Approximately two months ago, all 28 members of the US senior Women’s National Soccer Team (WNT) filed a class action lawsuit against the United States Soccer Federation, Inc. (USSF) in a California federal court alleging unequal pay and treatment under Title VII of the Civil Rights Act and the Equal Pay Act. The lawsuit alleges that the female members of the WNT are consistently paid less than their male counterparts on the U.S. Senior Men’s National Soccer Team (MNT) despite performing the same job responsibilities and exhibiting superior performance, including winning three World Cup titles. The lawsuit also accuses the USSF of subjecting the women’s players to substantially inferior playing, training, and travel conditions.
This month, the USSF formally answered the complaint and denied the allegations of gender discrimination. USSF claims that the “challenged pay practices are not based on sex” and that any differences in pay are due to “differences in the aggregate revenue generated by the different teams” as well as other factors. USSF’s answer also claims that the players “receive fundamentally different pay structures for performing different work under their separate collective bargaining agreements.” Moreover, Carlos Cordeiro, President of USSF, stated that USSF “agreed to a fair and equitable collective bargaining agreement with the Women’s National Team, which included a contract structure that the players specifically requested to provide them with a guaranteed salary and benefits.”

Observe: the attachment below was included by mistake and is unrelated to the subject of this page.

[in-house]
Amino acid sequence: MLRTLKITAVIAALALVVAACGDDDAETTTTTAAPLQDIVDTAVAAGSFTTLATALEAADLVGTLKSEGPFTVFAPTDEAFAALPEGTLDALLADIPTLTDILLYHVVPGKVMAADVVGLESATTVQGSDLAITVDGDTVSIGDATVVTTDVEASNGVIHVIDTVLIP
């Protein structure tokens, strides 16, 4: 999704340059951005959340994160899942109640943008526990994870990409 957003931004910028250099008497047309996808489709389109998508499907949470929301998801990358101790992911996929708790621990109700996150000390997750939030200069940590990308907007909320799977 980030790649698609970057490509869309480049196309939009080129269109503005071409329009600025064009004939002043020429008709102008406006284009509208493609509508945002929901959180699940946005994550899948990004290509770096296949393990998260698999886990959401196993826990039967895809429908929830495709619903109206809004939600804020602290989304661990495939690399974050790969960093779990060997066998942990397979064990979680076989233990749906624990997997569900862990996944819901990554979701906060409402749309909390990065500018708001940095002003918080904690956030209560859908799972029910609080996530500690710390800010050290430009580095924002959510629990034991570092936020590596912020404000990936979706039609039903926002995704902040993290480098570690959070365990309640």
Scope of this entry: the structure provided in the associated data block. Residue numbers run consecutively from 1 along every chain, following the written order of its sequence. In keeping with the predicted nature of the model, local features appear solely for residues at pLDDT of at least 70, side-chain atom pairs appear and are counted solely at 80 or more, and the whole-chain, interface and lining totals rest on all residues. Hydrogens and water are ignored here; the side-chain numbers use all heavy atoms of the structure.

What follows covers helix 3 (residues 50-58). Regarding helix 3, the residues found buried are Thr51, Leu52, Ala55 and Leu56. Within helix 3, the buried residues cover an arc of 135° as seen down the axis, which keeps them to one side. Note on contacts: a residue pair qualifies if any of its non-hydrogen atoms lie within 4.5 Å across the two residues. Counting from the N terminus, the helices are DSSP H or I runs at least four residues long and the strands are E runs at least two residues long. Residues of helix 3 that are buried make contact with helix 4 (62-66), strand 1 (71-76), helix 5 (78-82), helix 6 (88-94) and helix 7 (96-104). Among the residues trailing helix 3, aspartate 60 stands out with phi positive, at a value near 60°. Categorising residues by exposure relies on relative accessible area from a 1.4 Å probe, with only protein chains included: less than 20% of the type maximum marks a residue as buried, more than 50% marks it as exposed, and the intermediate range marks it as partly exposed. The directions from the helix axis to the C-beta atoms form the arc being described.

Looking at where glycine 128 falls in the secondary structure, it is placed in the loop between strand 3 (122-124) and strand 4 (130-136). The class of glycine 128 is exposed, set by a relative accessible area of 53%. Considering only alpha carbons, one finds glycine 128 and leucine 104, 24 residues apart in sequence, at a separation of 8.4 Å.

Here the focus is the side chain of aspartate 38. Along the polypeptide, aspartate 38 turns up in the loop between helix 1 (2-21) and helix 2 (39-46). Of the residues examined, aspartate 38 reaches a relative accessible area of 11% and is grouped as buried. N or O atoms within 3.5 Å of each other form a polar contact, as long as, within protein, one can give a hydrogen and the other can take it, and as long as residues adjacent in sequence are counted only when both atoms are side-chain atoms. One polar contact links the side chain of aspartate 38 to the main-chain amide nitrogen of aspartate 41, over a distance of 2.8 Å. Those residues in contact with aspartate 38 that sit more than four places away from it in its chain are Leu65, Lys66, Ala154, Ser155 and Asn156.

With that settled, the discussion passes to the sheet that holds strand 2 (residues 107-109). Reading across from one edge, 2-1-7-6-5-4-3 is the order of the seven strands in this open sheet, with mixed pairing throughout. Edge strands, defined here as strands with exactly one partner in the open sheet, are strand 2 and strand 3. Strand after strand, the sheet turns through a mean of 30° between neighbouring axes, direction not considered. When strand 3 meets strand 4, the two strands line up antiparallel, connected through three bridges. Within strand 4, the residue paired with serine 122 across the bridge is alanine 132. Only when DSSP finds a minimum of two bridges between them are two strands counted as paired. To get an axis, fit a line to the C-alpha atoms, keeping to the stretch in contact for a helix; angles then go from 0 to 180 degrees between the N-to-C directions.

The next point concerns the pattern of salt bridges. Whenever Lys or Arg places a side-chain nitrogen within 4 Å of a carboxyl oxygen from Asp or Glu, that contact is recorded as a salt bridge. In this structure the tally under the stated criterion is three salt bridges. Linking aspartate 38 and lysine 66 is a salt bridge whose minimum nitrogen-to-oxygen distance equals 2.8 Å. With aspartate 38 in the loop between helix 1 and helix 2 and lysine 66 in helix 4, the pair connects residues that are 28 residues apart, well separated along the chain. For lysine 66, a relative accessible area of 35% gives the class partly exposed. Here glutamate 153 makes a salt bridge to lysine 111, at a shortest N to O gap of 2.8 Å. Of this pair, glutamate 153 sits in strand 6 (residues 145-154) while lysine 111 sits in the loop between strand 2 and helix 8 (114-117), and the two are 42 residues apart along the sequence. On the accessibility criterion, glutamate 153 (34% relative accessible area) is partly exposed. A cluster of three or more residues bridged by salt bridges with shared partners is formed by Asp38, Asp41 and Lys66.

The collective bargaining agreements (CBAs) applicable to the two teams are indeed different. The CBA for the WNT provides the women with annual guaranteed salaries with the option to receive smaller match bonuses; whereas the men have a “pay-to-play” structure and are eligible for larger match bonuses. The compensation available to the two teams is also impacted by varying bonus pools determined by The Fédération Internationale de Football Association (FIFA), the world’s governing soccer body. For male teams who participated in the 2018 Men’s World Cup, the bonus pool was US$400 million (and will increase to $440 million for the 2020 Men’s World Cup), whereas the bonus pool for this year’s Women’s World Cup is US$30 million.
As a next step, the lawsuit will proceed in the US District Court for the Central District of California, where, barring any mediation or settlement, the parties will proceed with discovery. Meanwhile, the WNT is preparing to defend its title in the FIFA Women’s World Cup 2019, commencing in France on June 7, 2019, which may bring more attention to the lawsuit as the women showcase their talent to the world.
The case is Alex Morgan et al. v. United States Soccer Federation, Inc., Case No. 2:19-CV-01717, US District Court, Central District of California Western Division, before the Honorable R. Gary Klausner.